While the bare bones of the plot are evocative of Hardy, The Horseman is a novel in which plot is little more than a skeletal structure that allows Tim Pears to flesh out a vibrant, vividly detailed Devon. Leo, our guide, has a gift for observation, and is a rudimentary philosopher to boot. Thus, when he watches a hare approach him across a field, Leo is drawn to the conclusion that, “each species of animal had its own peculiarities of vision. This world we surveyed was not as it was but as it was seen, in many different guises.”... Seeded with deliciously archaic fragments of language (“dawcoc”, “zart”, “guddled”, “gatfer”), The Horseman is itself an exhilarating vision, a bittersweet elegy for the innocent certainties of an agrarian world before the industrialised horrors of the 20th century come crashing down.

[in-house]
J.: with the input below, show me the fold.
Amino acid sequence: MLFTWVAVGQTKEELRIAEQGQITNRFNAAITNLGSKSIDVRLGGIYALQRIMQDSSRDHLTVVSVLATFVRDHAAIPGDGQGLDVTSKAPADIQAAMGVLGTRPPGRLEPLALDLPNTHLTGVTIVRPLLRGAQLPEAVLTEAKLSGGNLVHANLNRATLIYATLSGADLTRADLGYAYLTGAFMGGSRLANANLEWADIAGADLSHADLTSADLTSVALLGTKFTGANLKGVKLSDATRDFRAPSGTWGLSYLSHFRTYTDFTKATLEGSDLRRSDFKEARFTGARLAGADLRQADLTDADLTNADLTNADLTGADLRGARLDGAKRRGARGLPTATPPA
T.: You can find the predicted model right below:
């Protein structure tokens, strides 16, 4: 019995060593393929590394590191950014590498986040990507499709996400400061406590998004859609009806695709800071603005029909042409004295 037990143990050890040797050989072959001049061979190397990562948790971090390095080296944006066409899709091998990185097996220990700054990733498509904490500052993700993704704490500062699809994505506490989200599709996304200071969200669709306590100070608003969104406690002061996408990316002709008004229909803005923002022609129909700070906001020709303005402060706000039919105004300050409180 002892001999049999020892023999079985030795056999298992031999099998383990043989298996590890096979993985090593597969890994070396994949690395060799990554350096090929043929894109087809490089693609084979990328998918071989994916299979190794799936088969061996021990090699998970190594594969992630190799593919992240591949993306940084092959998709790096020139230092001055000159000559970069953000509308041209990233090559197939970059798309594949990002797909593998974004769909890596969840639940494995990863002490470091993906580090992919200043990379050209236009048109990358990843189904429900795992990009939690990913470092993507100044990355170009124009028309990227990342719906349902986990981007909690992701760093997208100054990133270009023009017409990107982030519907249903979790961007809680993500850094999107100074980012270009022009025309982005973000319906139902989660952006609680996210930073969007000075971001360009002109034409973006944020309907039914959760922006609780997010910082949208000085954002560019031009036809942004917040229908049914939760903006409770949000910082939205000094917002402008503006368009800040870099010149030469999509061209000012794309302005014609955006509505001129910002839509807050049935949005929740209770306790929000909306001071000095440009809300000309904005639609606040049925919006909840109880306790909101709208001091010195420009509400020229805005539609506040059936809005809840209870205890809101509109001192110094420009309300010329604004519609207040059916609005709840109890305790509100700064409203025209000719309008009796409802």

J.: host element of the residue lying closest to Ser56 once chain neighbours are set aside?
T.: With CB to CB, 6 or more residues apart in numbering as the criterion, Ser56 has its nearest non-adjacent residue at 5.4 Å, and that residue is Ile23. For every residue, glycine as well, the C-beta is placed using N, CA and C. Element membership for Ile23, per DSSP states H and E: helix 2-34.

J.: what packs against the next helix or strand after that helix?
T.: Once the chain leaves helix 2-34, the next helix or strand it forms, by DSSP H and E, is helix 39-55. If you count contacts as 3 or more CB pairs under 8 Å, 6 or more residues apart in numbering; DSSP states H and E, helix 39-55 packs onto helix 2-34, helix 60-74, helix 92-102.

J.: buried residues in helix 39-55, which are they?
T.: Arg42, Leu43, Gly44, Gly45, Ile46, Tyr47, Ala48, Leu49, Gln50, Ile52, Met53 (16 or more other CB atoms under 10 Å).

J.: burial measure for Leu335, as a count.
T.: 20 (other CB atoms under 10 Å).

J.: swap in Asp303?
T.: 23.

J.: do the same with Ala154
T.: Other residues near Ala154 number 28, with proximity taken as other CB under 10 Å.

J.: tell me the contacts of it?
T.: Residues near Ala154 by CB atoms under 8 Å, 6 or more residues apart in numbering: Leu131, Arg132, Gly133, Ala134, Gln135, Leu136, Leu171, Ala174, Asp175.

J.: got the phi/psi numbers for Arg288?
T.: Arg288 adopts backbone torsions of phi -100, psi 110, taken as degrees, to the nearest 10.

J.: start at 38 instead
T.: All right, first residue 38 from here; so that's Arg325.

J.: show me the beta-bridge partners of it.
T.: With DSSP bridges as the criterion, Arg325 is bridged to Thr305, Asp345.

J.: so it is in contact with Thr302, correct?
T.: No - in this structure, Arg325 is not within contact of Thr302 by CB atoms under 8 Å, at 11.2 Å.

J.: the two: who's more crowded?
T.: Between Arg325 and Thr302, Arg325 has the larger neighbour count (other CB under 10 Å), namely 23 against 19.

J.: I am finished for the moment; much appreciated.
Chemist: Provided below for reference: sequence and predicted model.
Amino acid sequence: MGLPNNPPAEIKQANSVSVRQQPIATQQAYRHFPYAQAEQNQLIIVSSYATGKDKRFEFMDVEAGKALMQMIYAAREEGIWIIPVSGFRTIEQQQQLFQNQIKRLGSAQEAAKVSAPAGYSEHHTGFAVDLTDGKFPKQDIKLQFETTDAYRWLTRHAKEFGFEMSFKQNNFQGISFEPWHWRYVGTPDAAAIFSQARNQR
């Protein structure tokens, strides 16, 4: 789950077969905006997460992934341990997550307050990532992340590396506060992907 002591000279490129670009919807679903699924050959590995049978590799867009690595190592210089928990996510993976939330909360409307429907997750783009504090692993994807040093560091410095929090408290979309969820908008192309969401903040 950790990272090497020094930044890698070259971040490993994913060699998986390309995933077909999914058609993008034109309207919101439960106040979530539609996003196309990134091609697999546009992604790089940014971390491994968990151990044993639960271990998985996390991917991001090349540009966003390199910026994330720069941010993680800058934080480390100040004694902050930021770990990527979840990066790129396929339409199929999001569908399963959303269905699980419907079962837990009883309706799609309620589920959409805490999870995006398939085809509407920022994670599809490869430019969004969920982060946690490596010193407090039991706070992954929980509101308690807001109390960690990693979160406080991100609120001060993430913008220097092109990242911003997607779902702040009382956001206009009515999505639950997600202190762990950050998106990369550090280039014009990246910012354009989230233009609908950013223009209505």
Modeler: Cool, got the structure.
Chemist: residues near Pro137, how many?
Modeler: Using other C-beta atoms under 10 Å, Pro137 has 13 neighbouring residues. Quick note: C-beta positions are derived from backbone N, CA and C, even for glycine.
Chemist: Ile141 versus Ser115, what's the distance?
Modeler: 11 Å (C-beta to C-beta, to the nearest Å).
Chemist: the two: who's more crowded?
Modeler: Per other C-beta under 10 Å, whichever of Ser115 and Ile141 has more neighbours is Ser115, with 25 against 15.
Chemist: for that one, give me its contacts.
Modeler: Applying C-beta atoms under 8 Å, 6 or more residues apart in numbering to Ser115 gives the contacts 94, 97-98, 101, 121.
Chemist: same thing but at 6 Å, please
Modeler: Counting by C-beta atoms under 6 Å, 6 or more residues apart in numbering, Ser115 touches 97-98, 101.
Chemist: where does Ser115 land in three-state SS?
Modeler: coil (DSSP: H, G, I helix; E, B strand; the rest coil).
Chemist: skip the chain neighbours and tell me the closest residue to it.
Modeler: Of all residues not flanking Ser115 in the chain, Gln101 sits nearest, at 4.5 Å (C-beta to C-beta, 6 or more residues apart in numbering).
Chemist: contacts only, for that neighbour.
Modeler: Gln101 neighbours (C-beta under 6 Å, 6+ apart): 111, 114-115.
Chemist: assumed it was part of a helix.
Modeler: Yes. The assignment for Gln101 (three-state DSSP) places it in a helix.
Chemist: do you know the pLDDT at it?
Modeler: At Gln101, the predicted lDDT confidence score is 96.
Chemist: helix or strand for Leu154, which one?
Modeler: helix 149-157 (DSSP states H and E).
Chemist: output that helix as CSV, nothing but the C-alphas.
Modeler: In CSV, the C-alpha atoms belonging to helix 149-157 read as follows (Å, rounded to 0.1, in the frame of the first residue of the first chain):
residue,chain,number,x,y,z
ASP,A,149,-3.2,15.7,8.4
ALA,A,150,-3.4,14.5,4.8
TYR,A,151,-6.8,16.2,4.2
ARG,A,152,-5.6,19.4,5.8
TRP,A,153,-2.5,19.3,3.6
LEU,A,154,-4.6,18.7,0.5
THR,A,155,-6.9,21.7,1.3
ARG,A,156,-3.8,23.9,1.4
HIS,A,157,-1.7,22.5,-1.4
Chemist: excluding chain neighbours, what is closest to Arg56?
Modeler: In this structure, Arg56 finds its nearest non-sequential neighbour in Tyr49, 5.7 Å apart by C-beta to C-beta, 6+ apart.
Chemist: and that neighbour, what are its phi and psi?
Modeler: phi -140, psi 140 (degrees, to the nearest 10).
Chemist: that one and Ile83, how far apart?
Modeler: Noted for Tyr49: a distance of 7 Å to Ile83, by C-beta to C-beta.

Tim Pears’ new novel, the first in a trilogy, is a slow read. Not because it lacks suspense, but because the pleasure of it lies in taking in the language and the setting – the West Country, in 1911 and 1912 – and in reading it like a long poem, with each chapter a stanza... As a protagonist, Leo is worth observing, but he is not especially sympathetic. Miss Charlotte is just about the only other character he interacts with. Pears’ habit of setting Leo so firmly in his environment has a downside as well as an upside – it’s easy to lose sight of him, which turns The Horseman into more of a tableau vivant than a narrative. And it is not as though the early 20th century hasn’t been thoroughly mined by English writers already. But Pears specialises in going his own way and doing the unexpected, so I am ready for volume two.